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Old is new, recycled is key in this season's bridal wear
By Cheree Franco
MSU Ag Communications
MISSISSIPPI STATE -- It seems “something old” is really something new in bridal wear trends.
“This year’s wedding season is all about vintage and upcycled dresses,” said Phyllis Bell Miller, associate professor of human sciences at Mississippi State University.
Wearing vintage or remaking a preowned dress can be an affordable and earth-friendly option, but it comes with particular challenges.
“With a vintage dress, you really have to be concerned about quality,” Miller said. “The fabric or the thread could be rotting away, and stains that have set for decades won’t always lift. You need an expert to examine the garment before you commit. Consult a dry cleaner or a costume curator at your local university. If possible, find out the history of the garment. How was it stored? Could moths and beetles get to it? No matter what and particularly if you’re internet shopping, make sure you can return the dress if it doesn’t work.”
Miller suggested considering synthetic fabrics when buying vintage.
“Polyesters and nylons are strong, but silk, cotton and rayon weaken with age,” Miller said. “A good test is to tug at the lining near a seam. If the fabric rips or appears to be separating, you know that it’s not very strong.”
But the way that the fabric handles stitching should also be considered, according to Amelia Williams of Starkville, who began sewing as a first grader in 4-H and occasionally remakes secondhand wedding dresses.
“Polyester, silk and rayon hold holes from previous sewings, so you have to consider whether you can cover or cut off those holes,” she said.
Miller said, “No matter what is added or cut away, the finished product must look professional. There are so many shades of white, cream and black. When you match material, compare the dress to the new material under daylight; artificial light usually cannot pick up the nuances in color.”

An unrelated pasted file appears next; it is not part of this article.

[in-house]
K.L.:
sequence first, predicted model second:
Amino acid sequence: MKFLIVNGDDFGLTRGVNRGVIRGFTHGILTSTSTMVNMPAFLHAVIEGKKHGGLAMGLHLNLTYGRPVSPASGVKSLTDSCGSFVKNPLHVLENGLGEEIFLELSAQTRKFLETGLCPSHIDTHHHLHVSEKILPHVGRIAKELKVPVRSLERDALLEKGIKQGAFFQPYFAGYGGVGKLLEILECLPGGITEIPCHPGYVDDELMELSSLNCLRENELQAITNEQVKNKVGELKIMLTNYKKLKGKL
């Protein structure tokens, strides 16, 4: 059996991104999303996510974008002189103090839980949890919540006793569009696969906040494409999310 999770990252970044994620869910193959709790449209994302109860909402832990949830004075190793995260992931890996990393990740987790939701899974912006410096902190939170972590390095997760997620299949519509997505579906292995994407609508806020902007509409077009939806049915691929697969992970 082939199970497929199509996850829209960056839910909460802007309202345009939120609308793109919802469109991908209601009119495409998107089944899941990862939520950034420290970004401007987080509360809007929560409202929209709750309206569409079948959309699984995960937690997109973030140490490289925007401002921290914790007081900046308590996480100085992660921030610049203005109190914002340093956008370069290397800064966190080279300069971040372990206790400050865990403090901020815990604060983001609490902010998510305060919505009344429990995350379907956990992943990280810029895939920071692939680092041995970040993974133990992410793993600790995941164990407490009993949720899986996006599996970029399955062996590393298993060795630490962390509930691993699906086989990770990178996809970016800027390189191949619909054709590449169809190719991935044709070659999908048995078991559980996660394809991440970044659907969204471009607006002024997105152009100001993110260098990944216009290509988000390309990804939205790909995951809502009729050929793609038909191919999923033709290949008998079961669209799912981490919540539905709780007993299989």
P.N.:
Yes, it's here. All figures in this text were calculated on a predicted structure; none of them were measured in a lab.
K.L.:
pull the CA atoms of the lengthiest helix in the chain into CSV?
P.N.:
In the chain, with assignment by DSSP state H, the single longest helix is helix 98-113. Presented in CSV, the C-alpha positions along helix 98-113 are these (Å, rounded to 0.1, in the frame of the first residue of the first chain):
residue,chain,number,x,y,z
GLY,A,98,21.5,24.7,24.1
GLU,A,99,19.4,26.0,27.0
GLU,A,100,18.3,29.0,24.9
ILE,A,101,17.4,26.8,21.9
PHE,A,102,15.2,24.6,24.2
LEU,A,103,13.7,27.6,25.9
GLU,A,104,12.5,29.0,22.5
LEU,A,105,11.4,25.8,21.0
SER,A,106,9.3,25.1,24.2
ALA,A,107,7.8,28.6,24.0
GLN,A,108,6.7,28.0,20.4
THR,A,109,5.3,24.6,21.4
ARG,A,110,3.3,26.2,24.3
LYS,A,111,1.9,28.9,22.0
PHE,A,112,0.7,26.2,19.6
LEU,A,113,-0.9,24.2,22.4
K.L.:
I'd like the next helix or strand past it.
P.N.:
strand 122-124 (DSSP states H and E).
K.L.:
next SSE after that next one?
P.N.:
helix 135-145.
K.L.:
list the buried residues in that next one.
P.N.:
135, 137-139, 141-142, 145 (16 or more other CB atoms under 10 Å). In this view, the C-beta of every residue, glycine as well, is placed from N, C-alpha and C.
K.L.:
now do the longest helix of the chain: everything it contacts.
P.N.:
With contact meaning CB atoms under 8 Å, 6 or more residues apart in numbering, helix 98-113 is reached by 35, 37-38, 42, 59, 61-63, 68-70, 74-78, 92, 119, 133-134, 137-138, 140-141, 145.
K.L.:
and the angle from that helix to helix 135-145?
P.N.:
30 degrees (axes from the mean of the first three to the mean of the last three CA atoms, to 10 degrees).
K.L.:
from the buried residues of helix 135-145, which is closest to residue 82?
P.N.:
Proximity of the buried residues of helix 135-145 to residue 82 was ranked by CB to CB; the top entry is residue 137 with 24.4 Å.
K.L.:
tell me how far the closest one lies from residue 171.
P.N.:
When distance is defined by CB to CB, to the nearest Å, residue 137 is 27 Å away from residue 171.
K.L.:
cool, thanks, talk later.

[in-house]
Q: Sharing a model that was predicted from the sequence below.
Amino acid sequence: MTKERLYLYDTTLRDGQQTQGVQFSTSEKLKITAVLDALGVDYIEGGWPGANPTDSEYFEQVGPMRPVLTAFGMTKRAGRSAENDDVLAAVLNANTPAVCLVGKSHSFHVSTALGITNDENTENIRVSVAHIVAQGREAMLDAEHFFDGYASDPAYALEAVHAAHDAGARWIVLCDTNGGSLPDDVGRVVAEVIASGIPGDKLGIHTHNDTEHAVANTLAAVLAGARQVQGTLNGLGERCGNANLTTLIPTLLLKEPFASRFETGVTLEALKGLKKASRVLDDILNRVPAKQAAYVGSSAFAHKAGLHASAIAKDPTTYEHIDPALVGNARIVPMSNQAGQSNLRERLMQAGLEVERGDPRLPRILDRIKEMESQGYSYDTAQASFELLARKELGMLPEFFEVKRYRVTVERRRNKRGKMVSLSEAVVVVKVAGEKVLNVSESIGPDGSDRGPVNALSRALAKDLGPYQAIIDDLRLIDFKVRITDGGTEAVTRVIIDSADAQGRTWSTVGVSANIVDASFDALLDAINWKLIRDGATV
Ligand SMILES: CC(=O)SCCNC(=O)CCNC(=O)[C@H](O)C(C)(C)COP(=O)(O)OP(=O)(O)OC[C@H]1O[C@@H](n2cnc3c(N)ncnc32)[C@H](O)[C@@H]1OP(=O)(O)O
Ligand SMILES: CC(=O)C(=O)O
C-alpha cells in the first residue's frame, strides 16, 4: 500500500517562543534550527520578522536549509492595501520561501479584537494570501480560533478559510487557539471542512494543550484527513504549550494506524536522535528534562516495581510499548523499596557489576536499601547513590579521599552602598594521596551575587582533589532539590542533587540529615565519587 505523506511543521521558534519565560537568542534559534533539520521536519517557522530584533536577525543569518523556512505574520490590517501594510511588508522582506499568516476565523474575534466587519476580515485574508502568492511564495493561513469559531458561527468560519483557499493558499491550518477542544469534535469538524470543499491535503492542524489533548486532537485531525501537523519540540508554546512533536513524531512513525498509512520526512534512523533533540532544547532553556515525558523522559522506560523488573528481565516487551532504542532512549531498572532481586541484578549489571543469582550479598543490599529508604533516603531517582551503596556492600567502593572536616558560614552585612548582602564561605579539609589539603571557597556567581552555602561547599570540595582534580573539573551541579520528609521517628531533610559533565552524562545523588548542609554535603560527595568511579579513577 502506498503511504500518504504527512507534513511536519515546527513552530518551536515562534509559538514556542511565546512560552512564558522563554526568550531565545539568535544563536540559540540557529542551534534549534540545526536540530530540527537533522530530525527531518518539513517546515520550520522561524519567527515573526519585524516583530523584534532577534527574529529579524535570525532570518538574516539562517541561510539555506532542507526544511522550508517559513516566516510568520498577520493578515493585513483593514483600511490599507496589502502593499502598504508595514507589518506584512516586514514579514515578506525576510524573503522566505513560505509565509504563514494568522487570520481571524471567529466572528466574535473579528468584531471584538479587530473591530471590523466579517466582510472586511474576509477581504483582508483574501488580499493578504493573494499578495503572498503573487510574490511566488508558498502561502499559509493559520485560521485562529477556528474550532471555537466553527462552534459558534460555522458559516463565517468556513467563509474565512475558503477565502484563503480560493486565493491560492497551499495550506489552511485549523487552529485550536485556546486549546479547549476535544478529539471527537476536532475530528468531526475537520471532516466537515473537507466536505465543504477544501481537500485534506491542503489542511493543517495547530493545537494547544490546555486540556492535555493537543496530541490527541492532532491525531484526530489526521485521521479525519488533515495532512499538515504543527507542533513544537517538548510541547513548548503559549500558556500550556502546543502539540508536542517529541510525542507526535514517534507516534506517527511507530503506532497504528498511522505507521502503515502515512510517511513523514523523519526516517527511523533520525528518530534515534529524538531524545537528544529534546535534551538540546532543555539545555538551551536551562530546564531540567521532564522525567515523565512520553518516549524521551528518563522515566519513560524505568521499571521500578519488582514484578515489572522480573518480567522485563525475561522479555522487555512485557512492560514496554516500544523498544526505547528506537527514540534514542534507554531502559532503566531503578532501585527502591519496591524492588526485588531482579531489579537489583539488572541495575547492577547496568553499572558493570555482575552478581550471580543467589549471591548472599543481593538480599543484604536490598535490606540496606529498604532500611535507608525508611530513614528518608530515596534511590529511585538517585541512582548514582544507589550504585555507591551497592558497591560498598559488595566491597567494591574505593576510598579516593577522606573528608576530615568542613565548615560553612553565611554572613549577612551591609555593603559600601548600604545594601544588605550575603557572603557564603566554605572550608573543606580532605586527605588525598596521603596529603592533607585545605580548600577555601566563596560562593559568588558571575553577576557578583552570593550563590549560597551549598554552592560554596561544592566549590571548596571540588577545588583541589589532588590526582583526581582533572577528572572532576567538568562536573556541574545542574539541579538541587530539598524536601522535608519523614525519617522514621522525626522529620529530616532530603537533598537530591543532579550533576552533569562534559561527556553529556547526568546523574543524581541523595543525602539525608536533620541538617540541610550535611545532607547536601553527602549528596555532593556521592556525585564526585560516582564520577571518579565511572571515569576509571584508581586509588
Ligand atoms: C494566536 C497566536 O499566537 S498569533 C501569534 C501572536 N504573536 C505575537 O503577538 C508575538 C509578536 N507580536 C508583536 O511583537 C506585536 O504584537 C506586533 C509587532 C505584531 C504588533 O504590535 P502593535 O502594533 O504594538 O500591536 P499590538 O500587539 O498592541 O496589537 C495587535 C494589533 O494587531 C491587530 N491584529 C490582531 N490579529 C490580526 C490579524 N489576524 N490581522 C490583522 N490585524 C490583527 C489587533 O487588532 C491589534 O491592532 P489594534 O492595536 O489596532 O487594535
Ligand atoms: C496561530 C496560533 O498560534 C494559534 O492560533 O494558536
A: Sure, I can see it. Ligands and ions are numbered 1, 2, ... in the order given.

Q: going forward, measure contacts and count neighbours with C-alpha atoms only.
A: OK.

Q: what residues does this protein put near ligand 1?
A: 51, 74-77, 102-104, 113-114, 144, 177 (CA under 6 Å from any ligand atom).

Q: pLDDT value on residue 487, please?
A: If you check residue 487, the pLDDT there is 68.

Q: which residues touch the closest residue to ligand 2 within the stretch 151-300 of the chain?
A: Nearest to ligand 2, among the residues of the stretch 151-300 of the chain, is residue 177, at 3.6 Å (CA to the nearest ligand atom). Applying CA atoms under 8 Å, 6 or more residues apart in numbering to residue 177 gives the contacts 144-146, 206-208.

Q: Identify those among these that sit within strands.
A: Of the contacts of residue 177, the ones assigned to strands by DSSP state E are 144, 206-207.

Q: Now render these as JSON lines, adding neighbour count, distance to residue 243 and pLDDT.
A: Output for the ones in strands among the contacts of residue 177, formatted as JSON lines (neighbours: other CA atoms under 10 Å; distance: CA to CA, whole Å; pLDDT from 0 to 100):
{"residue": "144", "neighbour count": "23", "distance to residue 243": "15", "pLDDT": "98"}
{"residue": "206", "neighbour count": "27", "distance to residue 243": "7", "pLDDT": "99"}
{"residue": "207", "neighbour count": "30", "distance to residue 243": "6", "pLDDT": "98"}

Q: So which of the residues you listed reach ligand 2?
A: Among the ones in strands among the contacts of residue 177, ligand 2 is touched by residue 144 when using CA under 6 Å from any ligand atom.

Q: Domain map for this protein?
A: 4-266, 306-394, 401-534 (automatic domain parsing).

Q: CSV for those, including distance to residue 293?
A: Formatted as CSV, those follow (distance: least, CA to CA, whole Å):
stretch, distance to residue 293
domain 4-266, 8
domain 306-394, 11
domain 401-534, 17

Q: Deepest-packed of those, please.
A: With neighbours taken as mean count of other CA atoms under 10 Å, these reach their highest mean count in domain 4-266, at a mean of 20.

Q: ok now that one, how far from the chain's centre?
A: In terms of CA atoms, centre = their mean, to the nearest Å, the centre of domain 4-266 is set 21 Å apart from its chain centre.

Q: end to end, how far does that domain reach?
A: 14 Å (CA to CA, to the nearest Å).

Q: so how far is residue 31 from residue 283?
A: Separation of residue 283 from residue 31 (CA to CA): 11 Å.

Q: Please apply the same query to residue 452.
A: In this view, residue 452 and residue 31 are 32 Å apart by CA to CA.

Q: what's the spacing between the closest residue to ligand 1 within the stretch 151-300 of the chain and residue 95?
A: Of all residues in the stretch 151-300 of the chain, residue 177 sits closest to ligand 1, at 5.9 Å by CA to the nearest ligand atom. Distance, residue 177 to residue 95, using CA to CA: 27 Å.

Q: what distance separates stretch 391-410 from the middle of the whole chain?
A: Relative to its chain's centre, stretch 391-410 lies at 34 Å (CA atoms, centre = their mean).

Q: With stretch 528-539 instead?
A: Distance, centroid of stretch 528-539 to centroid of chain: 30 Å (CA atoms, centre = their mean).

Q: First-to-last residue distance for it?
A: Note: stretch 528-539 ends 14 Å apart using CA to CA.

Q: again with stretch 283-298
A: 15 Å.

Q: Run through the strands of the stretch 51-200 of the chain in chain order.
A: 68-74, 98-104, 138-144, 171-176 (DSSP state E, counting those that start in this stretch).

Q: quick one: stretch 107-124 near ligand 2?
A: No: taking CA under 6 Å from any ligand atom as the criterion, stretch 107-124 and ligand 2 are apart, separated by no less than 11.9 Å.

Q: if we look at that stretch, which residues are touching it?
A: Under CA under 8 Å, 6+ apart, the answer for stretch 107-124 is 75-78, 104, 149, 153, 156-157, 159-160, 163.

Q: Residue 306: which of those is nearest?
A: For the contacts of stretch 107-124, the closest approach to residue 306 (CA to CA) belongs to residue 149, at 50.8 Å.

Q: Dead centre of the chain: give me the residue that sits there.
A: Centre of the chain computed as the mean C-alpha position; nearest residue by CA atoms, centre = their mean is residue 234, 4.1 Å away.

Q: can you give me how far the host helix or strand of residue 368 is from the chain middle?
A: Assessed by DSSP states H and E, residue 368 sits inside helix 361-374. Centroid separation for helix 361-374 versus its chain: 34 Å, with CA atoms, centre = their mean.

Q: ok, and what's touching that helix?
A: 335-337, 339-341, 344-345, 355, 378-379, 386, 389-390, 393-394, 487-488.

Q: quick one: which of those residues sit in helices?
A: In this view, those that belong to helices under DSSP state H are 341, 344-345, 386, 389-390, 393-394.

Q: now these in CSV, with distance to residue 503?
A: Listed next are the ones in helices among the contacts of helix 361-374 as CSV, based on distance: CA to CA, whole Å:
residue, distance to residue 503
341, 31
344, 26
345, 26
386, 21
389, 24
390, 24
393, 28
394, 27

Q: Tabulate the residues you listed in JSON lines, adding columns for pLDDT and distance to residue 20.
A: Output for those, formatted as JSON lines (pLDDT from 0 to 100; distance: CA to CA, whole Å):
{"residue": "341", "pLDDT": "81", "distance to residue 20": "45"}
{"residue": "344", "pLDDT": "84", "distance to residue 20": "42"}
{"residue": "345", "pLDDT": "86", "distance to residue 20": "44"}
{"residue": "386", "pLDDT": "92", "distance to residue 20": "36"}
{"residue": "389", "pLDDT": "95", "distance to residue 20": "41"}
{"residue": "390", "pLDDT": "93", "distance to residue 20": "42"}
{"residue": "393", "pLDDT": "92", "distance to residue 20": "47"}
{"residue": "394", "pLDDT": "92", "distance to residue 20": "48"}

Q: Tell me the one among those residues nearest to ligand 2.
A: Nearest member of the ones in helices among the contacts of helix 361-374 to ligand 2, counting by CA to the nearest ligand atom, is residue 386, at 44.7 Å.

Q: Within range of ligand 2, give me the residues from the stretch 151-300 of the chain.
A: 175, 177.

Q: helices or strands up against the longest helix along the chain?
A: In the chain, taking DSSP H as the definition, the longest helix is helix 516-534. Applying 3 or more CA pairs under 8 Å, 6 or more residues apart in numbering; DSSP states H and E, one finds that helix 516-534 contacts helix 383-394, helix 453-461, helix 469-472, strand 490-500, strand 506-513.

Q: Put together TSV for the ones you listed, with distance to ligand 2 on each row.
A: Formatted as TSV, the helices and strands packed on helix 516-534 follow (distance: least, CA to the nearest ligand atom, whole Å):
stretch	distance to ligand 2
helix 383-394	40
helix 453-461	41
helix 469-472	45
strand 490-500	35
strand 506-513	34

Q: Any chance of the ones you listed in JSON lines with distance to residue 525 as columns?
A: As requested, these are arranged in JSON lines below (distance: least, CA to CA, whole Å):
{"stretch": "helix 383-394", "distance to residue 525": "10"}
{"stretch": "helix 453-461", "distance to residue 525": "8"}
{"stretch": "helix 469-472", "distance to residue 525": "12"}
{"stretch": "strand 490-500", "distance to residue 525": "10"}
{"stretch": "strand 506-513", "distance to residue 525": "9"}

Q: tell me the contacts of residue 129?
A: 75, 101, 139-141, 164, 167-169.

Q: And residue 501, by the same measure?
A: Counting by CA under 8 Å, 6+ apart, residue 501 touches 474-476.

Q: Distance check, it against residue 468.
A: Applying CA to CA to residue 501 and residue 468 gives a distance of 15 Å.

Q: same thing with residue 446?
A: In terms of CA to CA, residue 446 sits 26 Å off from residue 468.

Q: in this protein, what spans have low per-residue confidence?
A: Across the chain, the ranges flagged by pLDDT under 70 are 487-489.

According to Miller, dress from the 1940s and 1950s will be popular with brides this season.
“Dresses from the 40s are cut closer to the body for more of a slinky, movie siren look. Clothes were pared down in the war years because of rations and because of practicality. Many women worked in factories, so they were too busy for fussy clothes,” she said. “But there began to be amazing detail in things such as collars and pockets. In 1947, as the men returned home and the women became homemakers, what became known as ‘the new look’ was introduced—bouffant skirts and a more feminine figure.”
Just as fashion reveals something about the social attitudes of its era, a wedding dress reveals something about the bride’s personal attitudes.
“You can tell if the bride is romantic or practical based the dress she chooses,” said Miller.
As for upcycling--or making a new garment from recycled bits of old garments--Miller and Williams agree that the options are infinite.
“You can start with a corset--vintage or new--a slip, or a simple shift,” said Miller. “Add a skirt and sleeves, replace the straps with ribbon or lace, add beads, tucks, appliqués, sashes…have a lot of fun with it.”
For her upcycled bridal pieces, Williams buys used wedding dresses at thrift stores or asks friends to donate old dresses. She cuts the dresses apart and remakes them as totally unique pieces. Eventually she hopes to have enough upcycled dresses to start a business.
“I look for specific lace or other useful bits,” she said. “I particularly like large dresses because they give me more material to work with. A dress may end up four sizes smaller.”
Williams grew up watching her seamstress mother make wedding gowns. “One day I thought, if you can’t afford to start from scratch, why not pay $30 for an old wedding dress and make it yourself?”
Miller emphasized that every outfit should have a focal point.
“Stand in front of the mirror, close your eyes, open them and see where they go first. If that’s not where you want your focal point to be, redesign a bit. And don’t forget that repetition is an element of good design. If you introduce a second color, it needs to appear at least twice.”
According to Miller, the trend of wearing a wedding dress more than once is also making a comeback.
“In the 1800s, women wore their wedding dresses for every fancy occasion for at least a year,” she said. “So if you’re doing all of this beautiful work on a gown, I would encourage you to keep wearing it. Maybe add a little pink or green accent somewhere, so that it looks less like a wedding dress, but don’t let a gorgeous piece hang in a closet.”
Contact: Dr. Phyllis Miller (662) 325-8783